Survival Strategies

Dragging the hose across the sidewalk to irrigate hell strips is not my idea of fun. Before I ripped out the lawn on mine, I spent some time thinking about plants that are survivors, growing naturally in exposed, dry places. I imagined a windy hillside in Greece, covered with pungent oregano and red poppies. Mediterranean herbs are great performers in planting strips, where dry, compacted soil is the norm. These plants hunker down, with small and often fuzzy leaves containing aromatic oils that prevent drying out.

Prairie plants have also developed strategies against drought. Blanketflower (Gaillardia grandifolia) blooms heavily; by deadheading, you can extend the show until frost. Ornamental grasses, such as blue grama grass (Bouteloua gracilis), are adapted to dry soil and look elegant combined with wildflowers and herbs.

Spend some time choosing a groundcover for your strip, and get local recommendations on appropriate plants. Contact your local native plant society or water utility for a list of plants that perform well in dry, sunny locations. Books on xeriscaping, or gardening with drought-tolerant plants, often contain extensive plant lists, by region and by category.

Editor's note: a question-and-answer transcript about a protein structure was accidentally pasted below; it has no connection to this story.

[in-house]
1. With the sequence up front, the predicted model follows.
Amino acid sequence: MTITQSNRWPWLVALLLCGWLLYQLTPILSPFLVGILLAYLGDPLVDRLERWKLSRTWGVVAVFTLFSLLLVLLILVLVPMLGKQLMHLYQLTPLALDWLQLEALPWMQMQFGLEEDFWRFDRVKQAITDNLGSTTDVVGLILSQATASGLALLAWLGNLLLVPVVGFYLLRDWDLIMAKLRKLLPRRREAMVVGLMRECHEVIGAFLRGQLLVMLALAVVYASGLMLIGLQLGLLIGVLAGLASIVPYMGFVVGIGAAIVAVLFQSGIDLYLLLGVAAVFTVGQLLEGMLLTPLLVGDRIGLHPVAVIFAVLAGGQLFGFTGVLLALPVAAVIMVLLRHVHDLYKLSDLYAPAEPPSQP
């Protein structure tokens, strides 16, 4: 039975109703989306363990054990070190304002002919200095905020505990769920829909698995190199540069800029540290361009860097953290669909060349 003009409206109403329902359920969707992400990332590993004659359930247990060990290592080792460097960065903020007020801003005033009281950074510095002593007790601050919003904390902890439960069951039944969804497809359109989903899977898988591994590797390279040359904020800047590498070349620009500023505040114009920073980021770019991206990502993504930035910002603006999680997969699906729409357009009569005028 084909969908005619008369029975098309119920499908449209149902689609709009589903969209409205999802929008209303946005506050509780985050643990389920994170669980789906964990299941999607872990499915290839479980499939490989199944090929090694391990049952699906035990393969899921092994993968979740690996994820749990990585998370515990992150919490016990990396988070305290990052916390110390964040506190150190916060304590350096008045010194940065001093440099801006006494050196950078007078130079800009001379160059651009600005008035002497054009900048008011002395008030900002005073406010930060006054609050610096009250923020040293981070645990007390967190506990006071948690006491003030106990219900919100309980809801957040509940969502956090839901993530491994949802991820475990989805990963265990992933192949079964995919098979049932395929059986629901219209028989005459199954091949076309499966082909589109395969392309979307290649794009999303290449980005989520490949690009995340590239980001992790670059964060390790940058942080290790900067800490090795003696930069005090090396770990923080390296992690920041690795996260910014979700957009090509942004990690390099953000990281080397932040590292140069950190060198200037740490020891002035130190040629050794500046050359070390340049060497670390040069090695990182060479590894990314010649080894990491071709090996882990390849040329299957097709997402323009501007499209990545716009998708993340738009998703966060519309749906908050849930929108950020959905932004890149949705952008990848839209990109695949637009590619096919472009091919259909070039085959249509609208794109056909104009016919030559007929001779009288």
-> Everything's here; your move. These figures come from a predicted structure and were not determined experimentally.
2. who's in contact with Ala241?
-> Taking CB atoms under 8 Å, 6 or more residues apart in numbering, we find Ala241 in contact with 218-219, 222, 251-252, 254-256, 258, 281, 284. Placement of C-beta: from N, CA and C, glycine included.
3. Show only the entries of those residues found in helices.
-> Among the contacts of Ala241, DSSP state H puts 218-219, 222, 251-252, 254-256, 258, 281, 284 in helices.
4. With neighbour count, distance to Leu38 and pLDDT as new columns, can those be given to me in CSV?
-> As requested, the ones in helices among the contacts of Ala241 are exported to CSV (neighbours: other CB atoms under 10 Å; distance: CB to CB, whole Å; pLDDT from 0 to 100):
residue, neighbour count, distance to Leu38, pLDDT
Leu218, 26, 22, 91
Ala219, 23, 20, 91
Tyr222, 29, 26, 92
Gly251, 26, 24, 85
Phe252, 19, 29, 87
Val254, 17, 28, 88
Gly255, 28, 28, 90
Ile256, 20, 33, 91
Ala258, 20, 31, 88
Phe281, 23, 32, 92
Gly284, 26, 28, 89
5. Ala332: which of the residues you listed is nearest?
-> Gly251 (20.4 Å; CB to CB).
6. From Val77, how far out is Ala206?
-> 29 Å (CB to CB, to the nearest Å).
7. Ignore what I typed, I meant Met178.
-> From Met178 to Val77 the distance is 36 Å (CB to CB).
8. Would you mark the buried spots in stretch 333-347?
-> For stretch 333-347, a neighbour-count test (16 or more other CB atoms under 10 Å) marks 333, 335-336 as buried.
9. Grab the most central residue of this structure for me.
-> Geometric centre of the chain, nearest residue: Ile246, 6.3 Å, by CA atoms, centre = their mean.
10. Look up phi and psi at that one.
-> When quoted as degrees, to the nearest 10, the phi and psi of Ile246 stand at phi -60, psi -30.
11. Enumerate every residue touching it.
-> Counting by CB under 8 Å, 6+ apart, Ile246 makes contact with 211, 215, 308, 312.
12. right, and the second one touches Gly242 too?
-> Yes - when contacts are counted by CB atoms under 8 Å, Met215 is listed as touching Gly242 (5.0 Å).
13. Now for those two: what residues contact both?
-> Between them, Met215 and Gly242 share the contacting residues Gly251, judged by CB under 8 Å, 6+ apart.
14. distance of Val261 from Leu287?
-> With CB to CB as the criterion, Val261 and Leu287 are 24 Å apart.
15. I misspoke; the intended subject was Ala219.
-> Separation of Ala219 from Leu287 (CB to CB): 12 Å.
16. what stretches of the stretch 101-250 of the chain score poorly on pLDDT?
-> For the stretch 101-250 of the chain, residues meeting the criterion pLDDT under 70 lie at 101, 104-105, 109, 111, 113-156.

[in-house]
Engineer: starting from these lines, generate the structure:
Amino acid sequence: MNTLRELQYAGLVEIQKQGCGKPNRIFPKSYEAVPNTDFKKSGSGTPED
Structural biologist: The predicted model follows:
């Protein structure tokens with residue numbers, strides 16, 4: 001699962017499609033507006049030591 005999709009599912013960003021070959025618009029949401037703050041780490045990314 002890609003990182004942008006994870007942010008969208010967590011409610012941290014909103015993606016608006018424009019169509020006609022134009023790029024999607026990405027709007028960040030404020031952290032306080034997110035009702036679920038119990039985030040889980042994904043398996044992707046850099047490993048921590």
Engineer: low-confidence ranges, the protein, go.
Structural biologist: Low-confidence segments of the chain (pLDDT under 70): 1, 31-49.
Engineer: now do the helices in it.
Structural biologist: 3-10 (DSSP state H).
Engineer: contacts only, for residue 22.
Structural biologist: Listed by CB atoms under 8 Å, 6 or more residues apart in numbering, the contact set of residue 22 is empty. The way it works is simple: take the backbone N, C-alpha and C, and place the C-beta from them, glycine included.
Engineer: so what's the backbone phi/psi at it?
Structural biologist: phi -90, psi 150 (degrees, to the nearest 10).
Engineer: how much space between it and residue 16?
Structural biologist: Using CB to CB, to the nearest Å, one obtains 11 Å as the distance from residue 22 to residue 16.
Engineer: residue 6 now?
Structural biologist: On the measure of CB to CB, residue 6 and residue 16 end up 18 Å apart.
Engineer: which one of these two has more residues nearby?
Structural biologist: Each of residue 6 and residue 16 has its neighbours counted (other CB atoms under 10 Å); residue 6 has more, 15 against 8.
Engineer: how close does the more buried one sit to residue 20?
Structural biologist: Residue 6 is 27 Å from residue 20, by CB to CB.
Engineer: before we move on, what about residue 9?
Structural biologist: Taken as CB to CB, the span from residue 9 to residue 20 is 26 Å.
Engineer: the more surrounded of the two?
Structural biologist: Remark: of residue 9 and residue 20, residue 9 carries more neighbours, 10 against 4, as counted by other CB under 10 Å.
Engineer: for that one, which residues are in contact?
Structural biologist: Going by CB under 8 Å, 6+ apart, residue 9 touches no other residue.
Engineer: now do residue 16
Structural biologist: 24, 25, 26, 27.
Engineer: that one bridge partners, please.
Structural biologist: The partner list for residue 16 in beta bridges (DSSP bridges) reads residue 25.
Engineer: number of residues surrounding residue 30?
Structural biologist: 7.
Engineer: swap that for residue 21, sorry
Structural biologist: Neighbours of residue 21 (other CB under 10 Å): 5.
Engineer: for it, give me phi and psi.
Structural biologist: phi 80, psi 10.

I like to keep the strip low, using wild strawberries as a lawn substitute. I also enjoy the look of various sedums intermingling in low-traffic areas. Other appropriate groundcovers include bearberry (Arctostaphylos uva-ursi), bramble (Rubus haya-koidzumii), and Corsican sandwort (Arenaria balearica).

Let the bright blooms of spring bulbs peek through a groundcover or mulch. In my strip, tiny irises (Iris reticulata) provide a nice contrast to neighbors' daffodils and tulips.

A Liberating Effect